The 1940s came, growing my mom’s family and taking my daddy off to WWII.  My mom was told she would never have children, that her insides were too small and deformed from being a preemie.  That didn’t stop my momma.  In 1944, while WWII was raging and FDR was re-elected, making him the only U.S. president elected to serve a 4th term, momma delivered a bouncing baby boy.  The favored movie that year was Arsenic and Old Lace about two sweet old spinster sisters poisoning lonely gentlemen callers and burying them in the cellar.  The last line of the film was censored and changed from “I’m a bastard” to “I’m the son of a sea cook.”  Kids were dancing to Swinging on a Star by Bing Crosby and the Trolly Song by Judy Garland.

In 1948, my mom thought her family was complete when they welcomed a daughter into the fold.  Harry S. Truman was the 33rd president of the United States, and he ordered the withdrawal of U.S. troops in Korea (to be completed in 1949).  Ella Fitzgerald sang Tea Leaves and Judy Garland starred in Easter Parade.

The 1950s brought some surprises.  In 1956, Grace Kelly married Prince Rainier III of Monaco, and the Methodist Church opened fully ordained clergy status to women and called for an end to segregation within the denomination.  And 8 years after they thought their family was complete with a boy and a girl, mom and dad welcomed the birth of a 3rd child, their second daughter.  Surely this was the final child and the baby of the family.  Dwight D. Eisenhower, our 34th president, was re-elected.  The movies to catch that year were Invasion of the Body Snatchers, The King & I, and the Ten Commandments.  Doris Day sang Que Sera Sera and Elvis Presley shocked audiences with his grinding hips while singing Heartbreak Hotel. My mom thought he was so vulgar.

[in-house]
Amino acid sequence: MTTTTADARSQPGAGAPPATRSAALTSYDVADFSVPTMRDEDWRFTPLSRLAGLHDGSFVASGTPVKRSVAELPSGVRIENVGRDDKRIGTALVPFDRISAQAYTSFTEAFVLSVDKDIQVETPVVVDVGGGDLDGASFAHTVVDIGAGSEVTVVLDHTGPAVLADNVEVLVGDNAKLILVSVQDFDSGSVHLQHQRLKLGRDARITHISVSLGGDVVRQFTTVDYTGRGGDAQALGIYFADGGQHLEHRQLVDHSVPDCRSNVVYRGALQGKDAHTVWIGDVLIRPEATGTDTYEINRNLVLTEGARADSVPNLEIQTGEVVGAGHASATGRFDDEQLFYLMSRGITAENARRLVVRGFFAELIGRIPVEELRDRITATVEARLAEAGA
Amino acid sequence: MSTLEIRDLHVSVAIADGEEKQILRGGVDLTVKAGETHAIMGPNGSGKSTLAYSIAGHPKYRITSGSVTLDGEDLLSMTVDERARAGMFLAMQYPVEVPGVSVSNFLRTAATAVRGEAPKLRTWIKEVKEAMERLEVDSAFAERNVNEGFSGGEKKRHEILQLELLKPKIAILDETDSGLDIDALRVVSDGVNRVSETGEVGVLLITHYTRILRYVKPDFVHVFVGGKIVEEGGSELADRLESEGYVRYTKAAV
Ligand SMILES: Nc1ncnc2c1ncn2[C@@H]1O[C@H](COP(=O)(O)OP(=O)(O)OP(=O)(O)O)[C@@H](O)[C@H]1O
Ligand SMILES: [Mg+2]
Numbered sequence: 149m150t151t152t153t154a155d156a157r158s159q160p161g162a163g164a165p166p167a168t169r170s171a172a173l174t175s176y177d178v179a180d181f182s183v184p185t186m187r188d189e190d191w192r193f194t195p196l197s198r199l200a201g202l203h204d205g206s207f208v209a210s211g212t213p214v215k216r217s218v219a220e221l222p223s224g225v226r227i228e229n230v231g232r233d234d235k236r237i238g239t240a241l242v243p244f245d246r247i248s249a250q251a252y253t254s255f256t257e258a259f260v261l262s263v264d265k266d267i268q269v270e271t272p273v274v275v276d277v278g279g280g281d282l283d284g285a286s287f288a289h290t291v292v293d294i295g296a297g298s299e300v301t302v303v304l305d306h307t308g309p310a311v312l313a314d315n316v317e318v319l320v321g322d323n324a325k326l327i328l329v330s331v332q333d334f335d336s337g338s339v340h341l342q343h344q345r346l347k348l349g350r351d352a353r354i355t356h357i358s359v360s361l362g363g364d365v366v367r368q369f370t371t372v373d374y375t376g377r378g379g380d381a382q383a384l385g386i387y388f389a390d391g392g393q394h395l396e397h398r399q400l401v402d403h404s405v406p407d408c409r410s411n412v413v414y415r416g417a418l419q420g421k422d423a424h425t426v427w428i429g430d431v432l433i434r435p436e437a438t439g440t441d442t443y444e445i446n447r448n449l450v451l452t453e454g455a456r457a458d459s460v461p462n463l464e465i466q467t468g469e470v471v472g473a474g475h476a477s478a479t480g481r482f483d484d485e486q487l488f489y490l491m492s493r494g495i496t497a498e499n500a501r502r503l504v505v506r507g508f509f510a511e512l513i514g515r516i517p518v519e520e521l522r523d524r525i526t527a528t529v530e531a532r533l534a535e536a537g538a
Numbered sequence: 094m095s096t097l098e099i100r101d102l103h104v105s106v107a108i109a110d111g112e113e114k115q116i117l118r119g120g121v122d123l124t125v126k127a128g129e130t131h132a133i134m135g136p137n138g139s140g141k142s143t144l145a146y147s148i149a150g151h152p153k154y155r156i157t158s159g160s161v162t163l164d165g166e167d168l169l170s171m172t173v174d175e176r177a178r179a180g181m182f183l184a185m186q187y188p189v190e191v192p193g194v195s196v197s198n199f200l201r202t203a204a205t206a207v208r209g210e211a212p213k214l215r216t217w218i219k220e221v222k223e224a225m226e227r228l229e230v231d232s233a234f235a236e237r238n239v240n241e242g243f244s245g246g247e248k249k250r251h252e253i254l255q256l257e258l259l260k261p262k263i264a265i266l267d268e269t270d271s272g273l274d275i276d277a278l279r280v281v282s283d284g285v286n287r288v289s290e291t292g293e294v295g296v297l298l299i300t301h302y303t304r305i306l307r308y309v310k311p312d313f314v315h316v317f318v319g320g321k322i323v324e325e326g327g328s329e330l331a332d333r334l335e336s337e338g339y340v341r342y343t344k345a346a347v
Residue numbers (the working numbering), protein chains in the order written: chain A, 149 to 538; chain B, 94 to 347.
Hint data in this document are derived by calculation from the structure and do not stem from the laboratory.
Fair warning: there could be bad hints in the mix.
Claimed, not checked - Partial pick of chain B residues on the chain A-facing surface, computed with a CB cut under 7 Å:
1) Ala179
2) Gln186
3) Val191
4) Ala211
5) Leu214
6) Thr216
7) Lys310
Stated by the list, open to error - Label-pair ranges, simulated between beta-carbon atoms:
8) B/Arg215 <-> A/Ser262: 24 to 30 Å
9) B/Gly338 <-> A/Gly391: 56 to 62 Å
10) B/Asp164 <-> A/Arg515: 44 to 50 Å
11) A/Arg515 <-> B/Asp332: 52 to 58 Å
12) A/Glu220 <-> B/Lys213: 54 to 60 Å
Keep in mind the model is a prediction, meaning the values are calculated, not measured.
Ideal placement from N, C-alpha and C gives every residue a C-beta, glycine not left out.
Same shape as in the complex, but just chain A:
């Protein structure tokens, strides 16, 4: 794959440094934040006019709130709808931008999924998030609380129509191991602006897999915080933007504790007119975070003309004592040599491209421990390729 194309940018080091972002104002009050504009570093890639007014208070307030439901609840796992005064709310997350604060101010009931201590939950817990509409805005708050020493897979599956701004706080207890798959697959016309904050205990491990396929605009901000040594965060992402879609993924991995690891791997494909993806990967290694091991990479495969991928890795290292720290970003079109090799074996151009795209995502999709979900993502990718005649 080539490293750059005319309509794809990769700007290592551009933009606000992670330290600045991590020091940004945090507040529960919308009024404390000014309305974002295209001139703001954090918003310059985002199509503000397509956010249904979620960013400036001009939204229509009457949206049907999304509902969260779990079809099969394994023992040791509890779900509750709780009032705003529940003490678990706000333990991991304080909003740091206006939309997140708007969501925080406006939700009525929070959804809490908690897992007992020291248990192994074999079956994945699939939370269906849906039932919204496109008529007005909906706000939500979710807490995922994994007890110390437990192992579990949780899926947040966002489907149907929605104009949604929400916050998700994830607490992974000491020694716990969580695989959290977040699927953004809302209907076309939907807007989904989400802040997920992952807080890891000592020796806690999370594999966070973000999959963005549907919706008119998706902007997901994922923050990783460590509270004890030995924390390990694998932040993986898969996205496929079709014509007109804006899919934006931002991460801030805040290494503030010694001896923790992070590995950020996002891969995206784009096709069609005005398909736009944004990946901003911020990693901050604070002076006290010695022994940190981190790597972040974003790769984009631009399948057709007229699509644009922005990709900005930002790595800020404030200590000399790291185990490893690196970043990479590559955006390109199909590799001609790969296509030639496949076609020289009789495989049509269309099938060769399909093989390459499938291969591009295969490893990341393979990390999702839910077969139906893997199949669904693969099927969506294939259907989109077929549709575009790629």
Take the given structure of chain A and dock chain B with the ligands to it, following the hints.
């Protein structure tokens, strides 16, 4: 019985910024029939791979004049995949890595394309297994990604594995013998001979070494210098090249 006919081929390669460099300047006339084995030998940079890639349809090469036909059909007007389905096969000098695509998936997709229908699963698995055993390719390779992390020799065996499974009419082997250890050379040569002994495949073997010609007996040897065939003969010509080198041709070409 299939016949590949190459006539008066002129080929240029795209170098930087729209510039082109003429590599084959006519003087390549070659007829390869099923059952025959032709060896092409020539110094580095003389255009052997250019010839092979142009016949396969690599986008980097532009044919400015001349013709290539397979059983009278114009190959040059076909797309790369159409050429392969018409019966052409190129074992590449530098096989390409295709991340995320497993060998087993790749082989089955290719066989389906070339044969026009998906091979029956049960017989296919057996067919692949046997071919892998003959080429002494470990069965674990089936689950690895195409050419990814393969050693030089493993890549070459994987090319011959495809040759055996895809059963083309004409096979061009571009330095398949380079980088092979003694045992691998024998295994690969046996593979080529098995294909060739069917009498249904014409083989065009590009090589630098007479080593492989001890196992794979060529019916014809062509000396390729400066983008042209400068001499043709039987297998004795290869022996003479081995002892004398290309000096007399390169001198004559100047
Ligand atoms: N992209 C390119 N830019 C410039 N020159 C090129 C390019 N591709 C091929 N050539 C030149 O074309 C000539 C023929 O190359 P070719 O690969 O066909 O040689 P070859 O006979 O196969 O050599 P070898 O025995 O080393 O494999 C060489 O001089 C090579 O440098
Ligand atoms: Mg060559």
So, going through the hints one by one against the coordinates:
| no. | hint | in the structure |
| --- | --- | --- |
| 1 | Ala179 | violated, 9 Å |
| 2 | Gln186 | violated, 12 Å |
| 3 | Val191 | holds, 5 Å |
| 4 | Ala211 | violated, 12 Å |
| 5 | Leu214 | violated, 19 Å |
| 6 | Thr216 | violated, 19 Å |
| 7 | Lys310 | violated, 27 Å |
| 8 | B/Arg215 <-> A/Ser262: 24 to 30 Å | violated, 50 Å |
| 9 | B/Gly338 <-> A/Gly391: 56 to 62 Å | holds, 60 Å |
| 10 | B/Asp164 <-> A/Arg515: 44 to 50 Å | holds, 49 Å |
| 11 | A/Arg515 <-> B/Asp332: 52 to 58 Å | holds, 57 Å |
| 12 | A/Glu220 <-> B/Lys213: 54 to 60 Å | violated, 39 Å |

So if mom and dad thought the 50s brought surprises, they were in for it in the 60s.  Six years after their little bundle of joy, my mom was sick and not getting better.  She finally went to the doctor for tests.  The doctor later called her and asked, “Gladys, you really don’t know what is wrong with you.?”  She said “no I don’t and you are scaring me.”  He said, “You are pregnant.”  Momma cried.  She said this baby will be in kindergarten and she will be walking with a cane.  My daddy couldn’t believe he was going to have kids going on dates while a baby still played on the floor.  They accepted this fact and just knew they were having a baby boy, which they would christen Matthew.  Surprise again.  Their 4th child and 3rd girl was born.  John F. Kennedy was our 35th president, the U. S. broke diplomatic relations with Cuba and East Germany erected the Berlin Wall. Breakfast at Tiffany’s and West Side Story were the popular movies and Patsy Cline was rising to fame, signing I Fall to Pieces.

In 1962, their son graduated high school and joined the Franciscan Seminary. In 1963 a horrible tragedy struck and Kennedy was assassinated.  In 1965, their oldest daughter got married.  But a terrible tragedy close to home was about to happen.  In 1967, their oldest child, their only son, would succumb to throat cancer.  While movie goers were being shocked by The Graduate, and young girls were fainting at the sight of The Beatles, my mom was burying her first born.